End of an era? Lush social media shutdown part of wider beauty shift, says expert

By Kacey Culliney contact

- Last updated on GMT

Beauty brands are starting to diversify communication channels with consumers, from texts and calls to online in-app chats, opening up great opportunities to acquire consensual first-party data [Getty Images]
Beauty brands are starting to diversify communication channels with consumers, from texts and calls to online in-app chats, opening up great opportunities to acquire consensual first-party data [Getty Images]

Related tags: Lush, online, digital, Marketing, Social media, data, Instagram, Facebook, TikTok, Snapchat

The decision by Lush to close several of its global social media accounts last year marks part of a wider beauty movement favouring more personalised and flexible consumer engagement, says a communications expert.

In November last year, cosmetics major Lush announced the closure of its global social media accounts across Instagram, Facebook, TikTok and Snapchat​, stating they would remain closed until the platforms provided a safer environment for users. Lush said it would maintain presence on Twitter, YouTube and Pinterest and detailed it was looking into “new ways to connect”​ with consumers, building up “better communication channels elsewhere”.

So, what exactly would that new online communication look like as we head into 2022? And how might other beauty brands need to think about changing consumer interaction? CosmeticsDesign-Europe spoke with David Parry-Jones, senior vice president for EMEA at cloud communications platform Twilio, to find out.

Fresh beauty comms – think thoughtful, personalised, flexible and tailored

“New communication channels ultimately need to come back to what your customers’ preferences are,”​ Parry-Jones said. “This can vary by business, depending on things like your target demographic. For younger people, it might be WhatsApp, while for older generations it could be that phone calls or emails are still the favourite.”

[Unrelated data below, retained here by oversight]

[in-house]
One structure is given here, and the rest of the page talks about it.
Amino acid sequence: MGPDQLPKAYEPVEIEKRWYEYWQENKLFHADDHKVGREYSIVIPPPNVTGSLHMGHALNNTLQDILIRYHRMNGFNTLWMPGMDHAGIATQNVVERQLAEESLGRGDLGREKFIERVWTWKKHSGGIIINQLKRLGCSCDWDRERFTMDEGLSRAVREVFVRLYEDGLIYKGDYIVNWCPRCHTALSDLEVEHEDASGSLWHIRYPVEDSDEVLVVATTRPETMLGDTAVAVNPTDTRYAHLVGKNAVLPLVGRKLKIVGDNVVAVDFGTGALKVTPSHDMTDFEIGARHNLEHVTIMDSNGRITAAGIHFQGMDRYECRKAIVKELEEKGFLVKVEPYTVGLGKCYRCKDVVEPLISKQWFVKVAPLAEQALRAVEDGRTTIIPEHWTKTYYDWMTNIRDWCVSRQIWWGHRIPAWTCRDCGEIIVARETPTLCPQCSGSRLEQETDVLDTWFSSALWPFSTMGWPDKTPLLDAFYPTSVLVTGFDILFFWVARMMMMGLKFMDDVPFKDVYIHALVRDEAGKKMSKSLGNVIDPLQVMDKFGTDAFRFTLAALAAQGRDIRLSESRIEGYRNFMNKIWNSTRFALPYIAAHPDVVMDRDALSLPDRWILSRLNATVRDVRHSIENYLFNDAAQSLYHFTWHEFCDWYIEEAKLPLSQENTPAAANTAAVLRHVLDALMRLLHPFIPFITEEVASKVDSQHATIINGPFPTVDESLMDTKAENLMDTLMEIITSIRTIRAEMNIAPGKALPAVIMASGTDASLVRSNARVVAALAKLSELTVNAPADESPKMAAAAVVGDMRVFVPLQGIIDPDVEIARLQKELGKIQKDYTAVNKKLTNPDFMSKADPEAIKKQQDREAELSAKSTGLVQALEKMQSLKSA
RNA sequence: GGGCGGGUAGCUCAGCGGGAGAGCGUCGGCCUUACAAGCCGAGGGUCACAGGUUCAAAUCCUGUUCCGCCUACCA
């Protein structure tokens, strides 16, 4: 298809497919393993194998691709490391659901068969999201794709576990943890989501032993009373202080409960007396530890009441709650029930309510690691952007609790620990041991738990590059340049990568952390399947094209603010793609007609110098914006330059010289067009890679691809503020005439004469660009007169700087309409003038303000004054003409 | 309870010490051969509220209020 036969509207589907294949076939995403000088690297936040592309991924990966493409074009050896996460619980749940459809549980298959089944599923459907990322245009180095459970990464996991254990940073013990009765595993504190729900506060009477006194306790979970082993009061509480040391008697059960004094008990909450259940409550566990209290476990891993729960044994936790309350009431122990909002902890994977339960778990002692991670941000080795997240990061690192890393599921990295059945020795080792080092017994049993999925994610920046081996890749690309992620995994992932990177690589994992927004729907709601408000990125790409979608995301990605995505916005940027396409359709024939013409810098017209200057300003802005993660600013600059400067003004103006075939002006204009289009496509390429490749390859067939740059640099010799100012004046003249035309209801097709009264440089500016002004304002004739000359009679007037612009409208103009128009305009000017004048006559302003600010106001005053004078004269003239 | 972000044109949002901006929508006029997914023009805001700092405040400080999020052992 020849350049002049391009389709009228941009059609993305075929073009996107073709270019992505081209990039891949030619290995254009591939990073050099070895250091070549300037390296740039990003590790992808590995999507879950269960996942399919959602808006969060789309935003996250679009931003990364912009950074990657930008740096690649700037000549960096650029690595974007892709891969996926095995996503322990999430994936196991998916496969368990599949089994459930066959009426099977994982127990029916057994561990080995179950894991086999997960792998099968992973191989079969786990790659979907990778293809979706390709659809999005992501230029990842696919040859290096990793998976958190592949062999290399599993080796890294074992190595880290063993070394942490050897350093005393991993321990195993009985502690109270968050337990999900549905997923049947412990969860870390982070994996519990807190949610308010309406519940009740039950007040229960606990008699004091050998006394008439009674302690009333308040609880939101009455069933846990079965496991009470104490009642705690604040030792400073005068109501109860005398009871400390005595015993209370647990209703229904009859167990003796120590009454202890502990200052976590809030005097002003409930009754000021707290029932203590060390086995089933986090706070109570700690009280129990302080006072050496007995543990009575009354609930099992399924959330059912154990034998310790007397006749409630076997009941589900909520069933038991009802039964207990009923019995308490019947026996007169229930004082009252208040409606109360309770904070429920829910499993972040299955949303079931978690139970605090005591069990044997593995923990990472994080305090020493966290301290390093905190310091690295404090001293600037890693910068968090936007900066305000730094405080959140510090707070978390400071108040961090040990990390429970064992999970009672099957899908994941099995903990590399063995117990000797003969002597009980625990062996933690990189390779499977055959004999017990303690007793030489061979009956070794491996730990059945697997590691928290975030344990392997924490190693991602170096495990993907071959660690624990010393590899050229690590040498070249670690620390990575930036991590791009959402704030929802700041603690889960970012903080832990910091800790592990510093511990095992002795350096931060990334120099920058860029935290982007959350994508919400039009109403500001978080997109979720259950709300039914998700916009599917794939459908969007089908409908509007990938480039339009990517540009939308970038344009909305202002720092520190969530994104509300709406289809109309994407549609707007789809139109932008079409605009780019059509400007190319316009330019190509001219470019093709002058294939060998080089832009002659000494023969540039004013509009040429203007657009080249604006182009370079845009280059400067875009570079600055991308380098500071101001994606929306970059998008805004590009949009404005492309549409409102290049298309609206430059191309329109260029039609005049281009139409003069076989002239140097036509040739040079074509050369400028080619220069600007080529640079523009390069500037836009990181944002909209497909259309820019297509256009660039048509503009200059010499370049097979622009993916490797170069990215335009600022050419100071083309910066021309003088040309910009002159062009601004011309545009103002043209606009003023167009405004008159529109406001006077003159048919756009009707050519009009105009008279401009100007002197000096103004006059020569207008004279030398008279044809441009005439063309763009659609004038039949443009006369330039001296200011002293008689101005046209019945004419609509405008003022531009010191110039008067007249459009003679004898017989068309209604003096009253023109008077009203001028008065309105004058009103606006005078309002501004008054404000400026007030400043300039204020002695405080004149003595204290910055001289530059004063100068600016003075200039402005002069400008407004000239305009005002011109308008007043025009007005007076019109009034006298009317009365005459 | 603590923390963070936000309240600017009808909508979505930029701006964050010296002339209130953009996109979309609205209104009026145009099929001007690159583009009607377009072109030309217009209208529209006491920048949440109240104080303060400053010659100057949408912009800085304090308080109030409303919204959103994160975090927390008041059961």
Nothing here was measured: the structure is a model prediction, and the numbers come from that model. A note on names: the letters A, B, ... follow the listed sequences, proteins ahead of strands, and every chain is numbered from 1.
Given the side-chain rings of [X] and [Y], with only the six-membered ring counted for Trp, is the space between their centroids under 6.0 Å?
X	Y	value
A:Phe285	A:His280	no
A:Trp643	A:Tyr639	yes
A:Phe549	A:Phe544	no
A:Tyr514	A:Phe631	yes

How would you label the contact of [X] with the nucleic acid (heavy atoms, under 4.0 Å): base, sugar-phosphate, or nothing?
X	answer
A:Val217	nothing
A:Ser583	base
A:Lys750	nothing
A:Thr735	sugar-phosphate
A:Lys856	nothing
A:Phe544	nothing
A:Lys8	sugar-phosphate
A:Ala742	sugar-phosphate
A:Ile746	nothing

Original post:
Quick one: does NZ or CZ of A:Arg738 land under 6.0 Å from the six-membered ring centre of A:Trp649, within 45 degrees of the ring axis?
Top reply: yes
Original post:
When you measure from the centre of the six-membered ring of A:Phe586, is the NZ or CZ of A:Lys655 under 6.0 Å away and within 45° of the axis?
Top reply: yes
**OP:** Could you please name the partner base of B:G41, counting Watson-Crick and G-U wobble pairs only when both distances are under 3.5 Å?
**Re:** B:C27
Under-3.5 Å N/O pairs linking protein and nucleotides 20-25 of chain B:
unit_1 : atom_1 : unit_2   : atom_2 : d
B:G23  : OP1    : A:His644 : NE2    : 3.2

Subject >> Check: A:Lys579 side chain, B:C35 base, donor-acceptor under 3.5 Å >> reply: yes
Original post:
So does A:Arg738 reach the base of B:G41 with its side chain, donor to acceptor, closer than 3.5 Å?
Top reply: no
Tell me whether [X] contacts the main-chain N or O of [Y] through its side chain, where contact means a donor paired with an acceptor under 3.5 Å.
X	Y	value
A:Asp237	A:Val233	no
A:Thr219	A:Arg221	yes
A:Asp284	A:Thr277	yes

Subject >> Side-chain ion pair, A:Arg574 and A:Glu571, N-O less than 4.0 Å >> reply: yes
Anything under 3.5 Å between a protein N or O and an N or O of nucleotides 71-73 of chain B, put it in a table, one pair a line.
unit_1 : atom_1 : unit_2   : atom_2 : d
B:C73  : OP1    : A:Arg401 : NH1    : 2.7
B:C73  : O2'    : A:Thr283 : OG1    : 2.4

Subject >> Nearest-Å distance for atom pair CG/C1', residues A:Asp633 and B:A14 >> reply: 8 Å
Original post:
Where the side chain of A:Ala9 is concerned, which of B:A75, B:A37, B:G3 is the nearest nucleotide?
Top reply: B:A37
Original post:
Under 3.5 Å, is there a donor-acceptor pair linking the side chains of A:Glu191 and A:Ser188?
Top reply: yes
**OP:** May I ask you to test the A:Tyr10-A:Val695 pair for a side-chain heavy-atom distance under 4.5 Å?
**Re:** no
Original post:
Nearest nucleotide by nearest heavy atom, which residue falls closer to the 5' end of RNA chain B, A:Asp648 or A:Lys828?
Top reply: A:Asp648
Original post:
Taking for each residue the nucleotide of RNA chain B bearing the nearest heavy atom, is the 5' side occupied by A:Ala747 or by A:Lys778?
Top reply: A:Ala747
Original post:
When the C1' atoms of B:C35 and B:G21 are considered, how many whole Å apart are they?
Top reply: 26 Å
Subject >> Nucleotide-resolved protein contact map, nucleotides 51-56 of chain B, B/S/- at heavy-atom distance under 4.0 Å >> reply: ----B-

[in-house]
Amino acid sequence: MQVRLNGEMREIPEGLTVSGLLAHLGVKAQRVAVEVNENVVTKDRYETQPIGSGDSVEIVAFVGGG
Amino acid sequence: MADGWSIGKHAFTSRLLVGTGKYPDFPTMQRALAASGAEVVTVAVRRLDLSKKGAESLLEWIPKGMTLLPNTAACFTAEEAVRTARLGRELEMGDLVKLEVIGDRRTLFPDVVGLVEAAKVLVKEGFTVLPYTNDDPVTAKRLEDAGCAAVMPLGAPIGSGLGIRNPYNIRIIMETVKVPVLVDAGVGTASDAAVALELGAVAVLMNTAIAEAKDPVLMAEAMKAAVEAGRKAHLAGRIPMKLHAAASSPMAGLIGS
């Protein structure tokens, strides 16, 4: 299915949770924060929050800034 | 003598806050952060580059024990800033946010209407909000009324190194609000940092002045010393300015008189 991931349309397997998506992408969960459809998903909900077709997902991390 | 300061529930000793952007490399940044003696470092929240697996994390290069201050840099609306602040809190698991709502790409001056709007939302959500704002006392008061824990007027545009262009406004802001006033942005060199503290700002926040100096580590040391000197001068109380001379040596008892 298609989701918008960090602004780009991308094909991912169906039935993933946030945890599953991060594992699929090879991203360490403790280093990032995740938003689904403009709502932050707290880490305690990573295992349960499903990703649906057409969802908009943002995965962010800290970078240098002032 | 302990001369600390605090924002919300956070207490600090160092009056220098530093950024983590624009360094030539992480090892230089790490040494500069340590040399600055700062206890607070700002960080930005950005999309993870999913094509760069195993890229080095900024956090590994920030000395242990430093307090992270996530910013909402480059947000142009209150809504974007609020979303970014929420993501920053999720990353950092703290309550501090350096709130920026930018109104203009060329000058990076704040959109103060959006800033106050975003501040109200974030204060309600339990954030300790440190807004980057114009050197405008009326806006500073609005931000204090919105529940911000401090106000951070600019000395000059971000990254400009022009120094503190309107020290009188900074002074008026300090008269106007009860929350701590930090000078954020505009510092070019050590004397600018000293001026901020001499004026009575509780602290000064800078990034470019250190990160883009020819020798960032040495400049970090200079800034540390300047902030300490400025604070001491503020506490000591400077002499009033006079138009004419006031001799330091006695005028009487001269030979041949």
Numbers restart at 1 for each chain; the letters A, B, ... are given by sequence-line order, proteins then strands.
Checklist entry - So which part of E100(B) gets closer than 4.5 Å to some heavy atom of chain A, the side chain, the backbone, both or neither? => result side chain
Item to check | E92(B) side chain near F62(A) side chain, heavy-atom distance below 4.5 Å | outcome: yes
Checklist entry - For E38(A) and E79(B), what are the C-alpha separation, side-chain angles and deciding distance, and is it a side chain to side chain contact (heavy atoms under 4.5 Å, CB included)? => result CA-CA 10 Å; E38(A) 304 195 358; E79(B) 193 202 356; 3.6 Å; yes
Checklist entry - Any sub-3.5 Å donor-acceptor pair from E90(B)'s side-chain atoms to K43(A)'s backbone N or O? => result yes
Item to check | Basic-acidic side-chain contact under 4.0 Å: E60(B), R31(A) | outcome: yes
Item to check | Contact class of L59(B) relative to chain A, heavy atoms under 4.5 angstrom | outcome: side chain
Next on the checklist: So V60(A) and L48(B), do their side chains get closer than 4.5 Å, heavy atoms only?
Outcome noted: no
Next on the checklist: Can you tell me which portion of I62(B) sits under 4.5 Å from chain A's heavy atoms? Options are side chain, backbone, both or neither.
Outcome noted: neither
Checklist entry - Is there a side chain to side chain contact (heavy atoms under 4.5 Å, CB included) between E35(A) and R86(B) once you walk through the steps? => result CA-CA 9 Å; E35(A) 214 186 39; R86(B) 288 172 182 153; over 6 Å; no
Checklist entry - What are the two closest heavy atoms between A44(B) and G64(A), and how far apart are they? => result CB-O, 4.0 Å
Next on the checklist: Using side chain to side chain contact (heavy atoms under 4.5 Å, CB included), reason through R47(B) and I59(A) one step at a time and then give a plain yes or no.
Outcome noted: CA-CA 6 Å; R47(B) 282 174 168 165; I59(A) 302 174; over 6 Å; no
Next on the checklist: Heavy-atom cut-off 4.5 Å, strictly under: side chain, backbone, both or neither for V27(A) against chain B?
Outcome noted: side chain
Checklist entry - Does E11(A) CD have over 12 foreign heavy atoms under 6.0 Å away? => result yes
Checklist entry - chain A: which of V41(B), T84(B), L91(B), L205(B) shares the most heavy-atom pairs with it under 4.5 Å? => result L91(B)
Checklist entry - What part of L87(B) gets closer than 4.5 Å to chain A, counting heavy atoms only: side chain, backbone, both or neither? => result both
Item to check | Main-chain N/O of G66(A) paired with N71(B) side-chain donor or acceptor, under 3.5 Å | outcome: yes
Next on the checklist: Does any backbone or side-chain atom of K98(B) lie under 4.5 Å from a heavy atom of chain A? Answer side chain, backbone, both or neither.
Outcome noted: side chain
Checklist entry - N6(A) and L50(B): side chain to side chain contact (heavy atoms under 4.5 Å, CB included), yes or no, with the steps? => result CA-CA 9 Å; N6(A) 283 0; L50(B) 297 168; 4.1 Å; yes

For Lush, he said it would be important the company provided “thoughtful and personalised communication”​ irrespective of the channels it decided to use – a strategy that would always appeal to consumers, particularly when “flexible and tailored towards individual needs”.

Certain consumers, for example, might not always feel like picking up the phone or going into the shop with a question, he said, and so email, text or chat could be important alternatives here. “…Tools like chat and in-app communications have really shown their value in the past year, even for those customers who might previously have preferred to speak to businesses in-person.”

But it was important tech investments were made when beauty businesses wanted to diversify communication channels, Parry-Jones said. For it example, it would be vital to work with flexible APIs [Application Programming Interfaces] that enabled different communication tools to be woven into an overarching customer engagement strategy with “relative ease”​. It would also be key that consumers could “pick up conversations where they left off”​ across any channel, to ensure a smoother and more efficient customer service journey, he said.

Beauty must embrace the power of first-party data

Importantly, Lush’s decision to focus on driving “alternative ways to connect with its community”​ indicated a much bigger movement towards more thoughtful and personalised engagement from brands, Parry-Jones said – not just in retail, but across almost every industry.

According to Twilio’s State of Customer Engagement​ report, 93% of UK business leaders in 2020 said they planned to add an average of 3.5 new engagement channels in the coming year. And within this, Parry-Jones said video, particularly live video, was an “emerging trend”.

The desire to expand communication channels, he said, was partly due to consumer expectations for more “flexible and bespoke” ​interactions with businesses in “convenient ways”.​ But it also tied in to the “huge acceleration”​ seen in digital touchpoints between businesses, brands and consumers, he said.

“Businesses large and small, including those in the beauty industry, need to realise and capitalise on the value of the first-party data this generates. All sectors can benefit from consensually using first-party data the way that Amazon, Netflix and Spotify use it to surprise and delight their customers.

“Those who win at customer engagement in the future will be those who make use of the first-party data coming from all of these interactions to create truly personalised experiences that are reflective of their customers’ needs,”​ Parry-Jones said.

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